How do you Benefit from Depreciation?

Capture Your Full Benefits

IF YOU ASK commercial property investors about tax benefits, their first thoughts probably turn to negative gearing.

Sadly, most investors don’t spend a lot of time actually thinking about Depreciation and how it works.

However, they quickly discover it improves the bottom line – and therefore, your overall return from the property.

You see, the purpose of depreciation is to compensate investors for the decline in value of their depreciating property assets (plant and equipment) … as well as the wear and tear of the building itself.

How does this work in practice?

The underlying assumption here is that your building and its fixtures will decrease in value as they become older – while the land and overall value of the property increases over time.

The Australian Tax Office is happy to compensate you for wear and tear; but it won’t agree to tax deductions, for a decline in value that does NOT occur!

And you can happily take advantage of the provisions right up until you sell your property.

At which point, you’re required to calculate what decline in value has actually occurred. And if you happen to have deducted more than the actual decline, then you effectively have to pay back that amount to the ATO.

However, the good news is … you’ll be doing so in tomorrow’s dollars.

Look at it this way: You buy a million-dollar property today, and hold it for 10 years.

Over that period, you may have total depreciation of $400,000. This allows you to reduce your assessable income during the 10 years – giving you an actual saving of $400,000 multiplied by your marginal tax rate, say 45% … equating to $180,000.

Let’s say that after 10 years, you sell the property for $3 million, you will have a capital gains tax liability on the profit from the land and buildings; and a potential balancing adjustment for the depreciating assets.

Although most unlikely … even if you end up having to pay back the entire $180,000 … you would do so from the proceeds of the sale (in tomorrow’s dollars) AND you will have already enjoyed the cash-flow advantage of the tax savings, while you owned the property.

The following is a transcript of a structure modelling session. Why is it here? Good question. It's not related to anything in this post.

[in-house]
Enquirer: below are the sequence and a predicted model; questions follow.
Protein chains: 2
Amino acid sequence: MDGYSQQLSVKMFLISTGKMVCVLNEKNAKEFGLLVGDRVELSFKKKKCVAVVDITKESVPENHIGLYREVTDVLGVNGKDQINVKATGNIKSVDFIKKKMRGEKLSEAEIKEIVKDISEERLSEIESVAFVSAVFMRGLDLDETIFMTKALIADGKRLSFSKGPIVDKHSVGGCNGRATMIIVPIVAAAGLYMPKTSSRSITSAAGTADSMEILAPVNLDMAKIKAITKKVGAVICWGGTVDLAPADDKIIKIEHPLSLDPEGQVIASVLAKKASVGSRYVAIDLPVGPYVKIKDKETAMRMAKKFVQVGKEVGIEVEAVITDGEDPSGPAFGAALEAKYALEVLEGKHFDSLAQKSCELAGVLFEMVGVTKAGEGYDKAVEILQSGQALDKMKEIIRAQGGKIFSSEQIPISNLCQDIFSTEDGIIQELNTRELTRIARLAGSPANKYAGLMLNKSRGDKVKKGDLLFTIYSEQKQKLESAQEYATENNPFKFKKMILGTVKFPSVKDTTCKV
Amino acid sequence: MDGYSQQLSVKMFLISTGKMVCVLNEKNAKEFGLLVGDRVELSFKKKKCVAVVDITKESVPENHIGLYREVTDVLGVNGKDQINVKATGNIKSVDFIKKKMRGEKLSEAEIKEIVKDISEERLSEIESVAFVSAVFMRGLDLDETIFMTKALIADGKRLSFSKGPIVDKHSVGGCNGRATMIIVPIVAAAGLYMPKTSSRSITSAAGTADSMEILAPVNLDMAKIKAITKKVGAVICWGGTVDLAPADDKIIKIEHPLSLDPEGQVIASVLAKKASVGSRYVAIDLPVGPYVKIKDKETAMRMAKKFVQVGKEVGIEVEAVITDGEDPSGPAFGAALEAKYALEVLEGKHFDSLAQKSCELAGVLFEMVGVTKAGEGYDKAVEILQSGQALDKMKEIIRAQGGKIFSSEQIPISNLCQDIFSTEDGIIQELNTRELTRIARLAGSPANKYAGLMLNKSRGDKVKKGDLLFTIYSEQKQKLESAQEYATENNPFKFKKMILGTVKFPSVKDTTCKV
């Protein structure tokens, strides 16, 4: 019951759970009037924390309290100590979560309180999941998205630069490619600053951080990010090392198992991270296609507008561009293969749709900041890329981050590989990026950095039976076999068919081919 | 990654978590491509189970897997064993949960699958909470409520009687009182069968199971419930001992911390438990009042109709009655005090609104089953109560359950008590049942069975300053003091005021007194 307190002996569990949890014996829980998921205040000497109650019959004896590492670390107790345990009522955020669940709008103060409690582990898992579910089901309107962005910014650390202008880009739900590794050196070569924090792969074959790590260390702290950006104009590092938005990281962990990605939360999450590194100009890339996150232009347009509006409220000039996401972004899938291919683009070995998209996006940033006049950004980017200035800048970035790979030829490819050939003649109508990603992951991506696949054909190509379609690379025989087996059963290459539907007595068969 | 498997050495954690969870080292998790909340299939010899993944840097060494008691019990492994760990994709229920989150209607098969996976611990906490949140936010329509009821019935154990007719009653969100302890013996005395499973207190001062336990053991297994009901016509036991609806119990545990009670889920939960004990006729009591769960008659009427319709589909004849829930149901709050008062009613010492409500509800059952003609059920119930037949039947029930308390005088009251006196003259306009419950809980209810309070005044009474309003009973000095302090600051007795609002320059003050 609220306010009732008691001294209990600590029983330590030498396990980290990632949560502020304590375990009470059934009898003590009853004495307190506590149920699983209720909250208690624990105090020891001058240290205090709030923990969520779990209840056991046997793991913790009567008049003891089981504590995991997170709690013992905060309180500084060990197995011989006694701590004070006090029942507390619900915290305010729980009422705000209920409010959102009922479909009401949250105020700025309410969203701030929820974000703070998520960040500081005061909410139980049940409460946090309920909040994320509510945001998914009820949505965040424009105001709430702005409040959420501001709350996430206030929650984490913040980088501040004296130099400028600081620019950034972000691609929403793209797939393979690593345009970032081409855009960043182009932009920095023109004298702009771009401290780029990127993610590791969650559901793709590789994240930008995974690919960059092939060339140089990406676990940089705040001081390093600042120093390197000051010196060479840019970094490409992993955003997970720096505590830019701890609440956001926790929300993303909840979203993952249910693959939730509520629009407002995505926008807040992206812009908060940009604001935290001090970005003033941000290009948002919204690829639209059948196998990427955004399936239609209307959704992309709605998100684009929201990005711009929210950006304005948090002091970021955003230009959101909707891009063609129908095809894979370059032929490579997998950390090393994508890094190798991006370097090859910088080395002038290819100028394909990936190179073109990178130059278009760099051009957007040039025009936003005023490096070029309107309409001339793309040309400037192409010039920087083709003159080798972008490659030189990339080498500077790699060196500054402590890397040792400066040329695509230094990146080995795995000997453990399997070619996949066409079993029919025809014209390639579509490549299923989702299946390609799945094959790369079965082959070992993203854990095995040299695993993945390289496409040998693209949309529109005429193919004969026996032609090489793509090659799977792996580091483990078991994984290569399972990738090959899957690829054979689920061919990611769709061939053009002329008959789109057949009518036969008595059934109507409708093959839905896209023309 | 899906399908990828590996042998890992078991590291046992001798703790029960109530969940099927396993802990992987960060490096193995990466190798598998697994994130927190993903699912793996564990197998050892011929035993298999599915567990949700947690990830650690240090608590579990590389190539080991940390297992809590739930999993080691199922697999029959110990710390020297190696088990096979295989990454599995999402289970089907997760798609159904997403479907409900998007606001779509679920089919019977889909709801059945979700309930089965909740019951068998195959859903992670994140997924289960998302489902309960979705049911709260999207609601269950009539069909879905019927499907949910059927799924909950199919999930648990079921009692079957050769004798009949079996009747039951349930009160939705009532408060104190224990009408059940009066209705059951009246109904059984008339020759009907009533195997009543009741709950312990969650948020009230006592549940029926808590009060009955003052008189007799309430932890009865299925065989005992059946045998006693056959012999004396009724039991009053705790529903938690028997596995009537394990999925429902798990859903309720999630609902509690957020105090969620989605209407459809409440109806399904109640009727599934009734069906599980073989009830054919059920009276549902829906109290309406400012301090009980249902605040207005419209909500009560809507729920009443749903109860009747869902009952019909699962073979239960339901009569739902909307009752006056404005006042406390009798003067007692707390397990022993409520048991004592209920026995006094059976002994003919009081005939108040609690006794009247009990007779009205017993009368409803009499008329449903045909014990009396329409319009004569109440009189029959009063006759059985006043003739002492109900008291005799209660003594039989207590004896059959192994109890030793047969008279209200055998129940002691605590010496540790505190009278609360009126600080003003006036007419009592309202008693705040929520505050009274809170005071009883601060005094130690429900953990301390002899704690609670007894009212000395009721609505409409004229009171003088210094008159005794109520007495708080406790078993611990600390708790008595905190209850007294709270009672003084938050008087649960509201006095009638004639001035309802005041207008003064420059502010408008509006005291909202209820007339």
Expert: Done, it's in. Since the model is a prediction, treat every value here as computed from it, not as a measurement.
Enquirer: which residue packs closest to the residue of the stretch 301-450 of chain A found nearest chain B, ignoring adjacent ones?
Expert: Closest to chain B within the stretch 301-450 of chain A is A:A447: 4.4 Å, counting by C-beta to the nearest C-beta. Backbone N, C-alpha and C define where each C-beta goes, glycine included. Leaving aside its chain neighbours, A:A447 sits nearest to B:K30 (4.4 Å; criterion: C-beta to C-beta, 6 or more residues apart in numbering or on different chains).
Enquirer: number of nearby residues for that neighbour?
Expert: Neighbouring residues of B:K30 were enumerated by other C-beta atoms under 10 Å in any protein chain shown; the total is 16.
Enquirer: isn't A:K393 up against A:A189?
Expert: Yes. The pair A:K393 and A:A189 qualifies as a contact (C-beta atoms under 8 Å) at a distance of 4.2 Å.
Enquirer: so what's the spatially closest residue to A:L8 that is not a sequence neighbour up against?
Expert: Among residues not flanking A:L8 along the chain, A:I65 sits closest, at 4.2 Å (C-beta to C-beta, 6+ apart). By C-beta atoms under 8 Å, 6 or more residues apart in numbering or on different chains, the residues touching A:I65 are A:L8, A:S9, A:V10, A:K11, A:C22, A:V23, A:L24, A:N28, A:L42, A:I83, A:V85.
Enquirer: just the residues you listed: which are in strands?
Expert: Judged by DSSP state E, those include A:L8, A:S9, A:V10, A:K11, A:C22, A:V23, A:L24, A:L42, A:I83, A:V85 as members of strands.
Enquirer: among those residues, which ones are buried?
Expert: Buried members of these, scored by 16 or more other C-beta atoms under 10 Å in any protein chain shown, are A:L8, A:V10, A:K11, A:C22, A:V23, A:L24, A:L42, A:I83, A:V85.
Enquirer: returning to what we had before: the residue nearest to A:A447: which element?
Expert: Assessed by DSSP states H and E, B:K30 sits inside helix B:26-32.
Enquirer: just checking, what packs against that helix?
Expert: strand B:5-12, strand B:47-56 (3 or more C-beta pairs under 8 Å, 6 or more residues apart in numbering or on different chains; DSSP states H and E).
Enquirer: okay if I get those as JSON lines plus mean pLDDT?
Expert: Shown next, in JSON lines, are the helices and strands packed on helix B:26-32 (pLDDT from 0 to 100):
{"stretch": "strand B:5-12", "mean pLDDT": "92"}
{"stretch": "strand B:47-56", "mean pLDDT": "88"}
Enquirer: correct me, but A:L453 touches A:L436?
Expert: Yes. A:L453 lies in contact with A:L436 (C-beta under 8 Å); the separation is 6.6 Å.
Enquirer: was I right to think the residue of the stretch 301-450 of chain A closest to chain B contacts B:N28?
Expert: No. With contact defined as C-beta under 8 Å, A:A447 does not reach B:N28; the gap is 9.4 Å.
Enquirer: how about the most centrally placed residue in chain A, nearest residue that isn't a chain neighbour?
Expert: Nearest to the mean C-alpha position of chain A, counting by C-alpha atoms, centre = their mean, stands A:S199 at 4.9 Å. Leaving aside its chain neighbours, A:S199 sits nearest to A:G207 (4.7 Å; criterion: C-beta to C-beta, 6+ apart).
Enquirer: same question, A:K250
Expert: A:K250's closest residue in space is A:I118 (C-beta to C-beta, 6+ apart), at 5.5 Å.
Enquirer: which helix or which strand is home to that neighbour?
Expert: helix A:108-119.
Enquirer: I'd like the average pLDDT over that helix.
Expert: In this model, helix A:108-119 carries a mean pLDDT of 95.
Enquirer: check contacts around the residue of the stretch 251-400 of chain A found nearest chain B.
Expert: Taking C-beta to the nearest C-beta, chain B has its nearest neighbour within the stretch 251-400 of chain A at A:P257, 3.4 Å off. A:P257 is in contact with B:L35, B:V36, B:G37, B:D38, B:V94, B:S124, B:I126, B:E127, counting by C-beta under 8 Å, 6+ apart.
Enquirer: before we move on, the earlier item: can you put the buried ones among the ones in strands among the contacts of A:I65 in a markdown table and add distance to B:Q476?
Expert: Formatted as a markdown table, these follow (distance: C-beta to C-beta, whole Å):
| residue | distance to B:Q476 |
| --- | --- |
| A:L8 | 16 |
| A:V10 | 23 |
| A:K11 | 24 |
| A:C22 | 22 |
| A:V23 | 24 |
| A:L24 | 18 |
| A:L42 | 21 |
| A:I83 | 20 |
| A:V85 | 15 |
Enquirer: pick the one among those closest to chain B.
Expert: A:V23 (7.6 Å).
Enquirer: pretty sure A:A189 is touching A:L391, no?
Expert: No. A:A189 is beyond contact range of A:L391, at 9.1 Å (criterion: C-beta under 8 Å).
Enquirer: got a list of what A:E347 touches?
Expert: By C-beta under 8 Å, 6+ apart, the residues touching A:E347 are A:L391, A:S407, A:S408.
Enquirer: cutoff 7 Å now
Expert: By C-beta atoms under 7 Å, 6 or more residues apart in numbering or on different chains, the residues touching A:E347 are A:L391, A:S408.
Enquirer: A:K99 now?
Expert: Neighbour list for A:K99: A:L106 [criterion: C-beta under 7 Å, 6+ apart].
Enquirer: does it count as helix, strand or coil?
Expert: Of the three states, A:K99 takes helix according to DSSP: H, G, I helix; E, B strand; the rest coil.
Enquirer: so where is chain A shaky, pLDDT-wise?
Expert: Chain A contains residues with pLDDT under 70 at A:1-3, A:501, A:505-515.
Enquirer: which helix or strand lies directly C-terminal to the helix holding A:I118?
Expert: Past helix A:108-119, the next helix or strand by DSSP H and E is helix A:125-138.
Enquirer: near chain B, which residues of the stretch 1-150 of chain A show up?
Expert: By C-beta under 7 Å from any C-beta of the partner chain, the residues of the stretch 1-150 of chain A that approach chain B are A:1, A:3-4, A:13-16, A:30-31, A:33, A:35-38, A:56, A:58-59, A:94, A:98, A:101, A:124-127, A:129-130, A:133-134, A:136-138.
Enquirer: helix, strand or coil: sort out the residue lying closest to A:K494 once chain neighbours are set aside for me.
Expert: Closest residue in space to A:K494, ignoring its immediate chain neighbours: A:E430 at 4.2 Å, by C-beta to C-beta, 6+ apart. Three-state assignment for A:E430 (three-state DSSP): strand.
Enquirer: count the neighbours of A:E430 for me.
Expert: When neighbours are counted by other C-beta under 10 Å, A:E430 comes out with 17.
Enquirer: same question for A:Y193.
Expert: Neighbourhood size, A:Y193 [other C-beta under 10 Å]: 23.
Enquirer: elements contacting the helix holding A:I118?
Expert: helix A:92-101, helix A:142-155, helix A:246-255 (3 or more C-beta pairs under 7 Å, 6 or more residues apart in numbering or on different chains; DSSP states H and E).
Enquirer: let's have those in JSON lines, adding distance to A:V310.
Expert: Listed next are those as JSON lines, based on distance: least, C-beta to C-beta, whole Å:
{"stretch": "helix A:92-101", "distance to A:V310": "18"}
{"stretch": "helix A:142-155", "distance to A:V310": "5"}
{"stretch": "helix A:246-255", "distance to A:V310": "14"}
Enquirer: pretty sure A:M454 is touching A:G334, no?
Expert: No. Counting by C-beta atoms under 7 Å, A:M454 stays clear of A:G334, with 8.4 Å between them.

If your marginal tax rate falls, you will be in an even better position on disposal. Not to mention that $180,000 now is worth a whole lot less than the $180,000 the tax savings you have already gained, over the past 10 years!

While this is unlikely … as long as you are aware of the potential consequences on disposal, you can plan for it; and there will be no surprises.

Plus, having the benefit of depreciation in the early years will means your investment works harder for you – making your after-tax yield look surprisingly healthy.

Depreciation when you Acquire a Property

As you now understand, the aim of tax depreciation is to compensate taxpayers for the decline in value of depreciating assets and buildings.

Depreciation of plant and equipment is referenced in division 40 and 42 of the Income Tax Assessment Act Of 1997. Whereas, structural depreciation (also know as capital works deduction or special building write off) is referred to in division 43 of the Act.

The underlying assumption of depreciation is that your property and its components will decrease in value over time. However, you and the property market may have other ideas!

What difference will Depreciation make?

The total depreciation available for the early years of owning a property can make a huge difference to your after-tax cash flow.

Let’s consider an example of the purchase of a $5 million office building with a land value of $1.5 million.